Looking for an introduction to linear measurement? Try this simple activity at home or in the classroom.
Today I introduced my Four to linear measurement. His sister (5) is familiar with the concept from kindergarten, but I found an activity that would challenge them both.
First I got out a ruler and asked my Four,
“Do you know what this is?”
“What number is at the end of it?”
“Do you know what each of these little marks are called?”
“Those are called inches. When something is this long, we call it an inch. Today we’re going to go on a hunt for things that are the same size as an inch.”
“Like a speck of dust?” (This is how he refers to things that are very tiny – smaller than a speck of dust!)
“Well, we’ll try to find things that we can actually pick up. Let’s get out the box of color tiles. Each of those is one inch long. “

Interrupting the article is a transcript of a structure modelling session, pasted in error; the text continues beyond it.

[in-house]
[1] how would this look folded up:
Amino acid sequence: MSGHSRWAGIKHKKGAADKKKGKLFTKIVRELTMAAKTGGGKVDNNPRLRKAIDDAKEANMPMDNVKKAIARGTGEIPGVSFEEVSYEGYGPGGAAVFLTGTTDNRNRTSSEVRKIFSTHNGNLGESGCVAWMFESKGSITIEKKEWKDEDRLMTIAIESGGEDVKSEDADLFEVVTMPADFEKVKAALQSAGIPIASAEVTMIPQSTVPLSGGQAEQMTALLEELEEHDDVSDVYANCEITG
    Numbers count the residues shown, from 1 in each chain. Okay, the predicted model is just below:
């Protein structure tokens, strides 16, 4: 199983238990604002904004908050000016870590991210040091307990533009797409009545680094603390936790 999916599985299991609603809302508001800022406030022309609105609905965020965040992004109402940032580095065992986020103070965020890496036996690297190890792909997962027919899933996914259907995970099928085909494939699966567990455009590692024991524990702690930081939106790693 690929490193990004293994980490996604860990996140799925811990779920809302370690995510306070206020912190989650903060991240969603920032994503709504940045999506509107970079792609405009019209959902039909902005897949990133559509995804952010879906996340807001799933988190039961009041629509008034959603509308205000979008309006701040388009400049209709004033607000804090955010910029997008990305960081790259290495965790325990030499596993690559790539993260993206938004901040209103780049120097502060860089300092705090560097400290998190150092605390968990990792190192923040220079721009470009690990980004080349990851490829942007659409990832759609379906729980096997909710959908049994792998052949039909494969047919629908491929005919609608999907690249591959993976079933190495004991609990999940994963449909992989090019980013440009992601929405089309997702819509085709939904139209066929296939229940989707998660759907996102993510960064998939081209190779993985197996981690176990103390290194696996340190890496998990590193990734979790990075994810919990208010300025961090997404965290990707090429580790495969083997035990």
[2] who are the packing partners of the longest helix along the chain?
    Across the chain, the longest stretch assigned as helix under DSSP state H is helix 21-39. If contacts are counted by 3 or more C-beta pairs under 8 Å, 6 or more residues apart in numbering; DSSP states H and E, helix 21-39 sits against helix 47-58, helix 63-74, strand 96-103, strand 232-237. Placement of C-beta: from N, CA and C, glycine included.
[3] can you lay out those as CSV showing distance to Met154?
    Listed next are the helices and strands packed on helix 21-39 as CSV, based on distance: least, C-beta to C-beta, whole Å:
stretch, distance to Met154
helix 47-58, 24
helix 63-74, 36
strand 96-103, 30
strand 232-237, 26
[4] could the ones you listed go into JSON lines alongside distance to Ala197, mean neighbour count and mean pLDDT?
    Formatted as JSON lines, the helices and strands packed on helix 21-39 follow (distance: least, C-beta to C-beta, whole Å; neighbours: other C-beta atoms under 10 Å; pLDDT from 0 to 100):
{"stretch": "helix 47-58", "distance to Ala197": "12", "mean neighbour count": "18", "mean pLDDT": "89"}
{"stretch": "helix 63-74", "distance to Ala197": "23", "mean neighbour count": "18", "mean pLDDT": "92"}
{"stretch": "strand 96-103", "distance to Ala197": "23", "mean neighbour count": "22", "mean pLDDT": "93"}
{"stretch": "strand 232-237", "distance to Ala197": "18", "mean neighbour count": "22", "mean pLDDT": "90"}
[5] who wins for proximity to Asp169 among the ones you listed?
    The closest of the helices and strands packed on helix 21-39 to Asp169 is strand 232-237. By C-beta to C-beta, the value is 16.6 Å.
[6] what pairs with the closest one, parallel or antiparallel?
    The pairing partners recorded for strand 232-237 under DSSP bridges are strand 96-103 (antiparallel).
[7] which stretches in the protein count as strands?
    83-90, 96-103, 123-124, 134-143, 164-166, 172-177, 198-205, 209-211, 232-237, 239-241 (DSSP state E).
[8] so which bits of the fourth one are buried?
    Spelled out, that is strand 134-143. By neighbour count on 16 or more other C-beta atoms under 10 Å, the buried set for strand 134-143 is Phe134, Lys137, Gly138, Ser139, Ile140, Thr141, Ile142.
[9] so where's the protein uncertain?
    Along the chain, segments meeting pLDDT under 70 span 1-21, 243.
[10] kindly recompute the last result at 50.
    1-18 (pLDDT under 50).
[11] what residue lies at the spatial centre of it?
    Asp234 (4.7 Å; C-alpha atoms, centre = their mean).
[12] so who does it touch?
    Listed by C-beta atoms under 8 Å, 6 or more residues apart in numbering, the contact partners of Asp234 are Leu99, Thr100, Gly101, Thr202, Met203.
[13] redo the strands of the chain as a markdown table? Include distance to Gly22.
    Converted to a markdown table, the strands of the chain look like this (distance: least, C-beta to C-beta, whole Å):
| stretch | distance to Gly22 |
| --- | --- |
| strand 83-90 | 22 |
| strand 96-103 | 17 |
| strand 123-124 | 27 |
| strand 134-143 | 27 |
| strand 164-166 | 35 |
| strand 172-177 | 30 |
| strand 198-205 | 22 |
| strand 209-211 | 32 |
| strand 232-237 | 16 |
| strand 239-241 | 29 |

Here’s my little girl’s hand modeling a color tile. These are square inch tiles useful for many things — sorting, counting, measuring, and more. Of course you c0uld use anything that is one inch long as a measuring tool. We each took a color tile and marched to the playroom, where we began our search for items that were just about an inch in length.
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This toy mouse was about one inch long.
My daughter drew a picture of the mouse, I labeled it, and we glued it to a paper labeled “One inch long.”
Here are the other things we found. The kids took turns drawing the pictures. After we finished this, I told them it was time to hunt for things that were shorter than an inch. They weren’t sure where to begin until I suggested looking in the pantry. Suddenly the game became a lot more fun!
A shelled peanut is shorter than an inch.
Here are the results of our “shorter than an inch” search. After that we had only to find items that were longer than an inch, which did not require using the color tile at all.
The kids learned a lot from this simple and interesting activity that required almost no prep work from me.